Privation may be the ultimate prop of the Pyongyang regime

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Privation may be the ultimate prop of the Pyongyang regime

Every other Monday, Ko Soo-suk, a North Korea expert at the JoongAng Ilbo Unification Research Center, provides an in-depth look at one of the most reclusive nations on the planet. The analyses are based on the senior journalist’s two decades of reporting on North Korea. -Ed.

Washington’s frustration over North Korea was probably best put in the words of Robert Gates, former secretary of defense and director of the Central Intelligence Agency, who described the country as a “black hole” and the “toughest intelligence target in the world.”

For decades, the world’s greatest superpower has struggled to rein in the tiny but mercurial regime, which analysts say can now hit the mainland United States with intercontinental ballistic missiles. North Korea’s tenacity can be traced to the early 20th century, when Kim Il Sung joined guerilla groups fighting the Japanese imperial army. He later founded the Democratic People’s Republic of Korea in 1948 and began rebuilding the country following the 1950-53 Korean War.

Kim used those experiences to spread the perception that North Korea can thrive on its own, without depending on any other nation, known in Korean as Juche, and in economic terms, ja-ryeok-gaeng-saeng. The core ideology was passed down from generation to generation, enabling today’s leader, Kim Jong-un, Kim Il Sung’s grandson, to be bold enough to threaten the United States with an “operational plan” to fire four ballistic missiles near the U.S. territory of Guam.

Ironically, perhaps one way the United States can control the North is by making it a "satisfied pig" rather than a "dissatisfied human being," as the old saying goes. When former right-leaning President Lee Myung-bak introduced his North Korea policy in 2008, which included denuclearization, opening up North Korean borders and helping it achieve a per capita GDP of $3,000, North Korean officials later admitted that the most threatening part to the regime was Lee’s drive to help its people economically thrive. When ordinary North Koreans get strangled by more sanctions, they blame the United States, not their own government. Filling their coffers could enable them to think twice about the regime and yearn for yet more economic freedom.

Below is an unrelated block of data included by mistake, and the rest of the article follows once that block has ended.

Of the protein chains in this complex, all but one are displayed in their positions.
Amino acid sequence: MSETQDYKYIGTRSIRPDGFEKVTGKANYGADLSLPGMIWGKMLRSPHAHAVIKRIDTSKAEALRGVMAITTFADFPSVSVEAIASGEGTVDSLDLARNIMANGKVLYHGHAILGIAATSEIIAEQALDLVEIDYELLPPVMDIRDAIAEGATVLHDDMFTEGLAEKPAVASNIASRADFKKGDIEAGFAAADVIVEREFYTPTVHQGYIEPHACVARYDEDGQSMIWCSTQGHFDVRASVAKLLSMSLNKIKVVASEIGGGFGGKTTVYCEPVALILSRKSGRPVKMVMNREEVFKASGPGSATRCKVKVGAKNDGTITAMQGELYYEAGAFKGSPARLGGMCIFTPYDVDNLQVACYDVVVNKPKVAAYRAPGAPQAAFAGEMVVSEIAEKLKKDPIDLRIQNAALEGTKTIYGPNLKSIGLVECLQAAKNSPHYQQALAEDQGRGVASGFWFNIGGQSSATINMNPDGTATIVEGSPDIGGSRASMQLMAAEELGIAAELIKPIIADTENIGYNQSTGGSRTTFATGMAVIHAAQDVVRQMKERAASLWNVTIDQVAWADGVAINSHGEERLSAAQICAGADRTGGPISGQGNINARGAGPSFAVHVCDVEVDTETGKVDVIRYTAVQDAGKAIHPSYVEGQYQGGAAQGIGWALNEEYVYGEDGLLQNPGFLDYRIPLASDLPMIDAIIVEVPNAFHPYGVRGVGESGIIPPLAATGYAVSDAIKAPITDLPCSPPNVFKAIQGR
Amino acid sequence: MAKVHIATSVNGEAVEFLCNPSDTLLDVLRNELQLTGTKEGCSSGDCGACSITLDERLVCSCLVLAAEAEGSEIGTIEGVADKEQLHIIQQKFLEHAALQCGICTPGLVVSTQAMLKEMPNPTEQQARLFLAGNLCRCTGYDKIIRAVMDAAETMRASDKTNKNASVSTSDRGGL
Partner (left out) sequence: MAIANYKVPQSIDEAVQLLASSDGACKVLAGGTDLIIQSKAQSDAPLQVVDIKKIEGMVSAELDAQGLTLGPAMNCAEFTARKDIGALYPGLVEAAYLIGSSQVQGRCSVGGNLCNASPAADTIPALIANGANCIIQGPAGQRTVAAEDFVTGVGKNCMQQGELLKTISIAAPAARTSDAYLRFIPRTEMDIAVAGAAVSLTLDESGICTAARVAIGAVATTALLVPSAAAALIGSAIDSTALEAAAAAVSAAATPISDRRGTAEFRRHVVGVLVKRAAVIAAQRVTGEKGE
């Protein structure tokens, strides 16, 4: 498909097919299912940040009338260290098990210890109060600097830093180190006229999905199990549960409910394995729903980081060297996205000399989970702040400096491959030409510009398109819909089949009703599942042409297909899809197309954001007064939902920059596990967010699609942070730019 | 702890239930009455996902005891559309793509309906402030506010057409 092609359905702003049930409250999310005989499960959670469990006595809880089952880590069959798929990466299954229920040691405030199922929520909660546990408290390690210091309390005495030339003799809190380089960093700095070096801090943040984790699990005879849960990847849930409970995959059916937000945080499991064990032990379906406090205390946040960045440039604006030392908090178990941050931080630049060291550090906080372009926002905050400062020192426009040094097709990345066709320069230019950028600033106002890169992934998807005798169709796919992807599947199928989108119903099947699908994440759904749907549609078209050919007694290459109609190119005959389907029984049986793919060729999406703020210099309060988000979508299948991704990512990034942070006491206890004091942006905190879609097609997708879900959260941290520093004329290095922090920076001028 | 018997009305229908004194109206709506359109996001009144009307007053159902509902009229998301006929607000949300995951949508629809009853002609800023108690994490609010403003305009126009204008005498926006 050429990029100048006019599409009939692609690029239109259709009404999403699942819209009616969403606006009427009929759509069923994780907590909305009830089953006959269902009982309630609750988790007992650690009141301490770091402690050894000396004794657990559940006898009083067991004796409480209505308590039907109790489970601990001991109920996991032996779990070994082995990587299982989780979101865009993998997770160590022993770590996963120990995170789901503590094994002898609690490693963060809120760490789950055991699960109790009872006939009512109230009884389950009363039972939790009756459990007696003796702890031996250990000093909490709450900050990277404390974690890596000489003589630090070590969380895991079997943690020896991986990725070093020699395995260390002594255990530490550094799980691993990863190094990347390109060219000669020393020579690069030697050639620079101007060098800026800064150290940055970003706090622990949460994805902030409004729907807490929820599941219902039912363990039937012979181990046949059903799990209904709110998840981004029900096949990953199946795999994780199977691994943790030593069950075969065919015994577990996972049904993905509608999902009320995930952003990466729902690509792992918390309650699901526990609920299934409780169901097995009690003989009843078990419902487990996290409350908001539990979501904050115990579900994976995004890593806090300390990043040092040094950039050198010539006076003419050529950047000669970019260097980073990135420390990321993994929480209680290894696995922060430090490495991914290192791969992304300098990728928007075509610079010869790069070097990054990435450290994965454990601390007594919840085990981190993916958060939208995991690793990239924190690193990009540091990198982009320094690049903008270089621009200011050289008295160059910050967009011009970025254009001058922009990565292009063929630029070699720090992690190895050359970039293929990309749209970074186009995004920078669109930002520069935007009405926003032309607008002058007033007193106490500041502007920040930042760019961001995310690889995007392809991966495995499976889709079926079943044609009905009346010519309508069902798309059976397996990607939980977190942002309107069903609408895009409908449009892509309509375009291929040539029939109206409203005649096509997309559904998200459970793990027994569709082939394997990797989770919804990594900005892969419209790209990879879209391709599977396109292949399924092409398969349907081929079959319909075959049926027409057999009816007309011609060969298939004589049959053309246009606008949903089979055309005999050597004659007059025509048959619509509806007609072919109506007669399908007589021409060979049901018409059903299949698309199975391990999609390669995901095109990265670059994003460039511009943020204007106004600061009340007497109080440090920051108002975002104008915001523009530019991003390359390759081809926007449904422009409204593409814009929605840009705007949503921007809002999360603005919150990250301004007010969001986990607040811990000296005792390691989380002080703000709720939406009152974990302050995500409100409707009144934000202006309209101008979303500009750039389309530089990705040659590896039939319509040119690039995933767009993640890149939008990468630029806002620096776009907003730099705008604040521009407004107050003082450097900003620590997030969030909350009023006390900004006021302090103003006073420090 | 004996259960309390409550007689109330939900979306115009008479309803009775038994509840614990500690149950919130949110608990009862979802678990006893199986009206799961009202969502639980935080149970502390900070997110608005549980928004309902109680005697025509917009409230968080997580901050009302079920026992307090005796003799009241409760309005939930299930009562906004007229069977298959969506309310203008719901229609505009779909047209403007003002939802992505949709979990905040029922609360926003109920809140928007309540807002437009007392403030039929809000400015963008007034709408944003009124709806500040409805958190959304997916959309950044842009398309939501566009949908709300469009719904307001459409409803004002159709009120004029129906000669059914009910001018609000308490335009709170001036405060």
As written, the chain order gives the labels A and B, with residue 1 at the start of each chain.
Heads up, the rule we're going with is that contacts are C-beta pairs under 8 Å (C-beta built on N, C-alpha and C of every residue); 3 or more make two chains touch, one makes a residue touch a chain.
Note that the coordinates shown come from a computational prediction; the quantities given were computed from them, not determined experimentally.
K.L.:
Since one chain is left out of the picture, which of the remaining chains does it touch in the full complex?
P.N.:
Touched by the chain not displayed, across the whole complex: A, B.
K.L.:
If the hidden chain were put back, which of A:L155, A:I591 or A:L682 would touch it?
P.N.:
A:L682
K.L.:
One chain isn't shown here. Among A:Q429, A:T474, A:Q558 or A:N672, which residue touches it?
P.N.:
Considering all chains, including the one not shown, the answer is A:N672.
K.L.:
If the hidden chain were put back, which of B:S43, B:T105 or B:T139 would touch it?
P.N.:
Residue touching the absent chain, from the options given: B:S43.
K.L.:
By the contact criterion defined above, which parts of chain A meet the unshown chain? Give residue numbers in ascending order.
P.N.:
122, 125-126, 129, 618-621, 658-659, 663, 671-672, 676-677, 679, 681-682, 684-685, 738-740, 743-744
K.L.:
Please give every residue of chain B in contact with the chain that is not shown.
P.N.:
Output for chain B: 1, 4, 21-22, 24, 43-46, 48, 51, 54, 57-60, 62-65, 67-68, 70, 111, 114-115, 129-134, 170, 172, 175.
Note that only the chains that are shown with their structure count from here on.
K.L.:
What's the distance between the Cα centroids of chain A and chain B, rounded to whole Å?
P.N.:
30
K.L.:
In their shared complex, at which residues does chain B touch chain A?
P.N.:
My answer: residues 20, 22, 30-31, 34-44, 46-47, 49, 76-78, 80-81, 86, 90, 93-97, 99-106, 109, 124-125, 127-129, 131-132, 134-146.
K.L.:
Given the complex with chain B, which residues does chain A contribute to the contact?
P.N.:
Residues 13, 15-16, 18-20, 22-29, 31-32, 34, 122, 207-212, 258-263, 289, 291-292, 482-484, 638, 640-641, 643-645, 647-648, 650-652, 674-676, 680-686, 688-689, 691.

The United States once thought it could scare North Korea off with its strategic bombers and nuclear-powered aircraft carriers, but that idea was proven wrong in the 1968 Pueblo crisis and the 1976 axe murder incident.

An excerpt from Chinese general Sun Tzu’s “The Art of War” says, “For to win one hundred victories in one hundred battles is not the acme of skill. To subdue the enemy without fighting is the acme of skill.” The U.S. State Department recently said that it was still open for talks with North Korea as long as the country halts all nuclear and ballistic missile tests and destabilizing activities. The offer will prove more fruitful than the “fire and fury” menace hurled by President Donald Trump.

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